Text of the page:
Docker containers in production
This document describes tuning and adaptions for running Vespa Docker containers in production.
Mounting persistent volumes
The quick start and AWS ECS multi node guides show how to run Vespa in Docker containers. In these examples, all the data is stored inside the container - the data is lost if the container is deleted. When running Vespa inside Docker containers in production, volume mappings to the parent host should be added to persist data and logs.
$ mkdir -p /tmp/vespa/var; export VESPA_VAR_STORAGE=/tmp/vespa/var $ mkdir -p /tmp/vespa/logs; export VESPA_LOG_STORAGE=/tmp/vespa/logs $ docker run --detach --name vespa --hostname vespa-container --volume $VESPA_VAR_STORAGE:/opt/vespa/var \ --volume $VESPA_LOG_STORAGE:/opt/vespa/logs --publish 8080:8080 vespaengine/vespa
When Vespa starts inside Docker containers, the startup scripts will set system limits. Make sure that the environment starting the Docker engine is setup in such a way that these limits can be set inside the containers.
Controlling which services to start
The Docker image vespaengine/vespa takes a parameter that controls which services are started inside the container.
Starting a configserver container:
$ docker run <other arguments> \ --env VESPA_CONFIGSERVERS=<comma separated list of config servers> \ vespaengine/vespa configserver
Starting a services container (configserver will not be started):
$ docker run <other arguments> \ --env VESPA_CONFIGSERVERS=<comma separated list of config servers> \ vespaengine/vespa services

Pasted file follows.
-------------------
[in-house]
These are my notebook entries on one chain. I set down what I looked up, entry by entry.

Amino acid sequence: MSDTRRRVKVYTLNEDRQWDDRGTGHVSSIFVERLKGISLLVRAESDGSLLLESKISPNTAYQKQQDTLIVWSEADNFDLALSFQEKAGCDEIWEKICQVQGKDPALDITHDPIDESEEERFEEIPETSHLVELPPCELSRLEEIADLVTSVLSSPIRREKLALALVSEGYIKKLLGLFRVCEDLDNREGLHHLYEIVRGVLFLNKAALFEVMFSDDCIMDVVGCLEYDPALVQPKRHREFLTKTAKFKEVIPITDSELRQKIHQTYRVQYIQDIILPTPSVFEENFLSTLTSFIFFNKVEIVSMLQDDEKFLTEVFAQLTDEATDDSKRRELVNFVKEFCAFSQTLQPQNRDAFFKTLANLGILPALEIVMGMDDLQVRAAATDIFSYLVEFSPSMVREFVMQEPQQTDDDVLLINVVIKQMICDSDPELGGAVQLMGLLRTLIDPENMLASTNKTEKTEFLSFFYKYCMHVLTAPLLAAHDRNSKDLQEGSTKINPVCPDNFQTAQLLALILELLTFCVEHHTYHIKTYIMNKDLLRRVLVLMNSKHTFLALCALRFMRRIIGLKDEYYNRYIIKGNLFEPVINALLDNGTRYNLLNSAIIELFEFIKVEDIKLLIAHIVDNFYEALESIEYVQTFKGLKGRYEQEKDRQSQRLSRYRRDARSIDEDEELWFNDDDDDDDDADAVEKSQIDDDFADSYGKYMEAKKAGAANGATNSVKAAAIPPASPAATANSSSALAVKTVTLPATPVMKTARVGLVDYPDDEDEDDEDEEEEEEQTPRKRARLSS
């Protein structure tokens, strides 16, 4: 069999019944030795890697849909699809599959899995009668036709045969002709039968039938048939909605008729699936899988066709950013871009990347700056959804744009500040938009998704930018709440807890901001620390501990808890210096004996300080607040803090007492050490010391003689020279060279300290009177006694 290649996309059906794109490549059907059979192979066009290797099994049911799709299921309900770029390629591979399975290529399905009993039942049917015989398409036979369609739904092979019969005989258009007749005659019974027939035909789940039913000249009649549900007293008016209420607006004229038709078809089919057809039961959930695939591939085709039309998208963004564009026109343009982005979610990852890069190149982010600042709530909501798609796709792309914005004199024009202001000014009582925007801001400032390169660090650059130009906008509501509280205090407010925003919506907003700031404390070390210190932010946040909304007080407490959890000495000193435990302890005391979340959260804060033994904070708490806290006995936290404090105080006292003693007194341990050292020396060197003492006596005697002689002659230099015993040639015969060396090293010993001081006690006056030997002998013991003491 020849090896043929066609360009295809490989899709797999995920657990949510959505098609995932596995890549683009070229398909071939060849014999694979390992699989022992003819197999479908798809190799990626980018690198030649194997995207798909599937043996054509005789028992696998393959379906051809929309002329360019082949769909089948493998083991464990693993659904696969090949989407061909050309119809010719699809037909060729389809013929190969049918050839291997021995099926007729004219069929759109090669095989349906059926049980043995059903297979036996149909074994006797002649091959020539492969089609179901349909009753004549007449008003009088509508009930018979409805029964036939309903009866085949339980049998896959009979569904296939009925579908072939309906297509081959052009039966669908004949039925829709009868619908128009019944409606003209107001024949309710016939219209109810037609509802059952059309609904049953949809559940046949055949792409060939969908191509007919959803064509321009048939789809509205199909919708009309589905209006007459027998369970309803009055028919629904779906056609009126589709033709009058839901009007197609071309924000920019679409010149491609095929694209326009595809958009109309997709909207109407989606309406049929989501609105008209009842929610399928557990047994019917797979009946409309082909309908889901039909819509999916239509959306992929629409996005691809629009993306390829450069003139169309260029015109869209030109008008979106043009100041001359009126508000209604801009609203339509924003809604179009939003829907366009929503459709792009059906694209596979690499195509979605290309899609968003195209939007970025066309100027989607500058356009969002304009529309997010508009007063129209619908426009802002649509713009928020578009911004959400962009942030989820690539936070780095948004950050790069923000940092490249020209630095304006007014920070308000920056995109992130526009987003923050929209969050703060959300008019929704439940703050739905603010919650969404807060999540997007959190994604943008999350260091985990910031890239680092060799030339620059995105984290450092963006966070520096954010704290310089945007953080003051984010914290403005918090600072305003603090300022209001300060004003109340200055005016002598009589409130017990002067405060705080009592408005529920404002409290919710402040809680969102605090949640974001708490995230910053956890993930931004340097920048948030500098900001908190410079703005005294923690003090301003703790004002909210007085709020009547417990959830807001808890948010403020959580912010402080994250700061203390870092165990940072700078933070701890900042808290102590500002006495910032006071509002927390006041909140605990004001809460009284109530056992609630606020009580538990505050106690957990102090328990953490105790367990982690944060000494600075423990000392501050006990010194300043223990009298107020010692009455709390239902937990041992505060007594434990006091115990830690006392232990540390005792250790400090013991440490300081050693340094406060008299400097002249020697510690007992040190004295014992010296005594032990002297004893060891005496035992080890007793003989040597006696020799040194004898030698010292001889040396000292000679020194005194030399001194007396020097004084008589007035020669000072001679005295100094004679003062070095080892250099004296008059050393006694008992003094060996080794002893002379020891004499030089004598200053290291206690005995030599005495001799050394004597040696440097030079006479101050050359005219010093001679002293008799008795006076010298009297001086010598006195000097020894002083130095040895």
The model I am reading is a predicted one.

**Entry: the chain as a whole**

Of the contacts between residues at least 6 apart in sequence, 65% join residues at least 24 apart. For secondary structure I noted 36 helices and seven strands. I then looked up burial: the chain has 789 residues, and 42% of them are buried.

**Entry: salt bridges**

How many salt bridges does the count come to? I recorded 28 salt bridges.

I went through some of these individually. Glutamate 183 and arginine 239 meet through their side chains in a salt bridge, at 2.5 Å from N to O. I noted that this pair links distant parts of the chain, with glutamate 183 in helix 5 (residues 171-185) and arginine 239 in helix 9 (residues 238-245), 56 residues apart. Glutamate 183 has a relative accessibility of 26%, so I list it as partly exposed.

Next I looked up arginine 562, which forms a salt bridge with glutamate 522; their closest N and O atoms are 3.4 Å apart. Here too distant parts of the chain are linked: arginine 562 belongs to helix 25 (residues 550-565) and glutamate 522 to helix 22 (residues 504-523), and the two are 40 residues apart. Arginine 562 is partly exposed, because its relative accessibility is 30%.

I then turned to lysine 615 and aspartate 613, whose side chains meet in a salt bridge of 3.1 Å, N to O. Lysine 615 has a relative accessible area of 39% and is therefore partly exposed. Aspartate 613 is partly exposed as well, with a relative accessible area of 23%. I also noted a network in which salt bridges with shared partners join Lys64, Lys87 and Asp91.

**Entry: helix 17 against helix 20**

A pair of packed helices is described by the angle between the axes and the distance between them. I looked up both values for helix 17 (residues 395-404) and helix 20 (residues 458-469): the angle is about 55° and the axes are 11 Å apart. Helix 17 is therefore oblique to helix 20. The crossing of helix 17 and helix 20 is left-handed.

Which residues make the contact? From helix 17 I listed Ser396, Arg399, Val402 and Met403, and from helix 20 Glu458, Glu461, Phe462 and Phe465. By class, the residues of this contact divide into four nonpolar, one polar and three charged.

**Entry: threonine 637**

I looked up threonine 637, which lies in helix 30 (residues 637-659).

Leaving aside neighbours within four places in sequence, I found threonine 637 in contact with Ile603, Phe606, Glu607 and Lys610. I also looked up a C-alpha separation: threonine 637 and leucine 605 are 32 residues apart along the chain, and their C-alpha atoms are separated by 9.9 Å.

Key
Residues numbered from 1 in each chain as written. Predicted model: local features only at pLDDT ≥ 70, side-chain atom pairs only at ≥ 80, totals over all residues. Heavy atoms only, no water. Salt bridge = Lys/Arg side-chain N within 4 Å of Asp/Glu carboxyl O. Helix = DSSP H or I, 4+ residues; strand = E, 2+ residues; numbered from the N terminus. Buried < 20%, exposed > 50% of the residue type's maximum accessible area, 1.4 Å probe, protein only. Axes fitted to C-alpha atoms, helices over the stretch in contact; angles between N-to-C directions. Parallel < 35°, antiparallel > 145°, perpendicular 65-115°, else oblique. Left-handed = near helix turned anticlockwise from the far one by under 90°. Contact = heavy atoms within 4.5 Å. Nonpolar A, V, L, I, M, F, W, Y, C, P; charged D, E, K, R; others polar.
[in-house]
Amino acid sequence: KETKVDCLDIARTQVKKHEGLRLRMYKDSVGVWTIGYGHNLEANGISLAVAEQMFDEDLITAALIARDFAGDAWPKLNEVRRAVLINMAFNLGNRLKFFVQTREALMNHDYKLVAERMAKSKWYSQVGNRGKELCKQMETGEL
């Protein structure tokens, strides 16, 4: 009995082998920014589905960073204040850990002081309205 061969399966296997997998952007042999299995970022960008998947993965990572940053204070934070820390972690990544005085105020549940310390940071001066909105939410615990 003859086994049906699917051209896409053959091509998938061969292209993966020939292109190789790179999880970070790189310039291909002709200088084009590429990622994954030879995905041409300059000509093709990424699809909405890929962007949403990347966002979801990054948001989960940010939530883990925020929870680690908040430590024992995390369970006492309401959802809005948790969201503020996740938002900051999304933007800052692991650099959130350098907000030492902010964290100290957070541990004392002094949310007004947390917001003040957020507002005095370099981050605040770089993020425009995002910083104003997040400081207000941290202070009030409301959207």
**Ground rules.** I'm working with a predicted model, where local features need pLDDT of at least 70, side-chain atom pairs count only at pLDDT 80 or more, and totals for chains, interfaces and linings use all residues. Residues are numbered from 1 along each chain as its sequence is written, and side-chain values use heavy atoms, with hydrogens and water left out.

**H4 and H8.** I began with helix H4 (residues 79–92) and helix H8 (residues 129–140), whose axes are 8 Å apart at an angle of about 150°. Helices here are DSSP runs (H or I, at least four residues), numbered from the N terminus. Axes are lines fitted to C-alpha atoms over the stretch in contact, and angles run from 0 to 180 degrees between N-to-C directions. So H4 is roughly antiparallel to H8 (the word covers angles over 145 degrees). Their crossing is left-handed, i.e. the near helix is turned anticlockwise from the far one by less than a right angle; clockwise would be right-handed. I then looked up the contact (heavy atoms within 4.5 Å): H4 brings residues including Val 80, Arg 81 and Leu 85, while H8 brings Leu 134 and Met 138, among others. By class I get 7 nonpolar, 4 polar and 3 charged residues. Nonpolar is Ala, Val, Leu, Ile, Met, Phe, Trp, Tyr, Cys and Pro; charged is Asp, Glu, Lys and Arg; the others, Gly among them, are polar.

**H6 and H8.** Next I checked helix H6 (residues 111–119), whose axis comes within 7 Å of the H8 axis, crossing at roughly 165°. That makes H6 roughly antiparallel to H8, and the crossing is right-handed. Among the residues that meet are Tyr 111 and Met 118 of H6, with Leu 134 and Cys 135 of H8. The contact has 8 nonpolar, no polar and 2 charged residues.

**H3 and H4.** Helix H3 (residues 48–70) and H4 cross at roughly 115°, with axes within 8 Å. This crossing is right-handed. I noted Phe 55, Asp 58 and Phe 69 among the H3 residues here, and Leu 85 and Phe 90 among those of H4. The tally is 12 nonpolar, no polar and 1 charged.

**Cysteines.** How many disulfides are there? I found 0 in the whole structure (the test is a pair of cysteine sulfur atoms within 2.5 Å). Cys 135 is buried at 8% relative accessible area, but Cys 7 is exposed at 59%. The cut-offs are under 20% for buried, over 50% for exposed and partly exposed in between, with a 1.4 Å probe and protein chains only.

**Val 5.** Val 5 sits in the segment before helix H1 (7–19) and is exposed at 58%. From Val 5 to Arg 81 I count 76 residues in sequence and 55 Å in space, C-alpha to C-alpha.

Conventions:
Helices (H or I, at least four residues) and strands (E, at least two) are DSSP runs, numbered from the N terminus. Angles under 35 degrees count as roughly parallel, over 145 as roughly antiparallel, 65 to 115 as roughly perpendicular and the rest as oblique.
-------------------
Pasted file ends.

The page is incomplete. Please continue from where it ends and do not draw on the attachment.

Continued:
Starting a container with both configserver and services:
$ docker run <other arguments> \ --env VESPA_CONFIGSERVERS=<comma separated list of config servers> \ vespaengine/vespa
This is required in the case where the configserver container should run other services like an adminserver or logserver (see services.html)
If the VESPA_CONFIGSERVERS environment variable is not specified it will be set to the container hostname.
Stopping a running vespaengine/vespa container triggers a graceful shutdown, which saves time when starting the container again (i.e. data structures are fl). If the container is shutdown forcefully, the content nodes might need to restore the state from the transaction log which might be time consuming. There is no chance of data loss or data corruption as the data is always written and sync'ed to persistent storage.
The default timeout for the Docker daemon to wait for the shutdown might be too low for larger number of documents per node. Below stop will wait at least 120 seconds before terminating the running container forcefully, if the stop is successfully performed before the timeout has passed the command takes less than the timeout.
$ docker stop name -t 120
It is also possible to configure the default Docker daemon timeout, see --shutdown-timeout.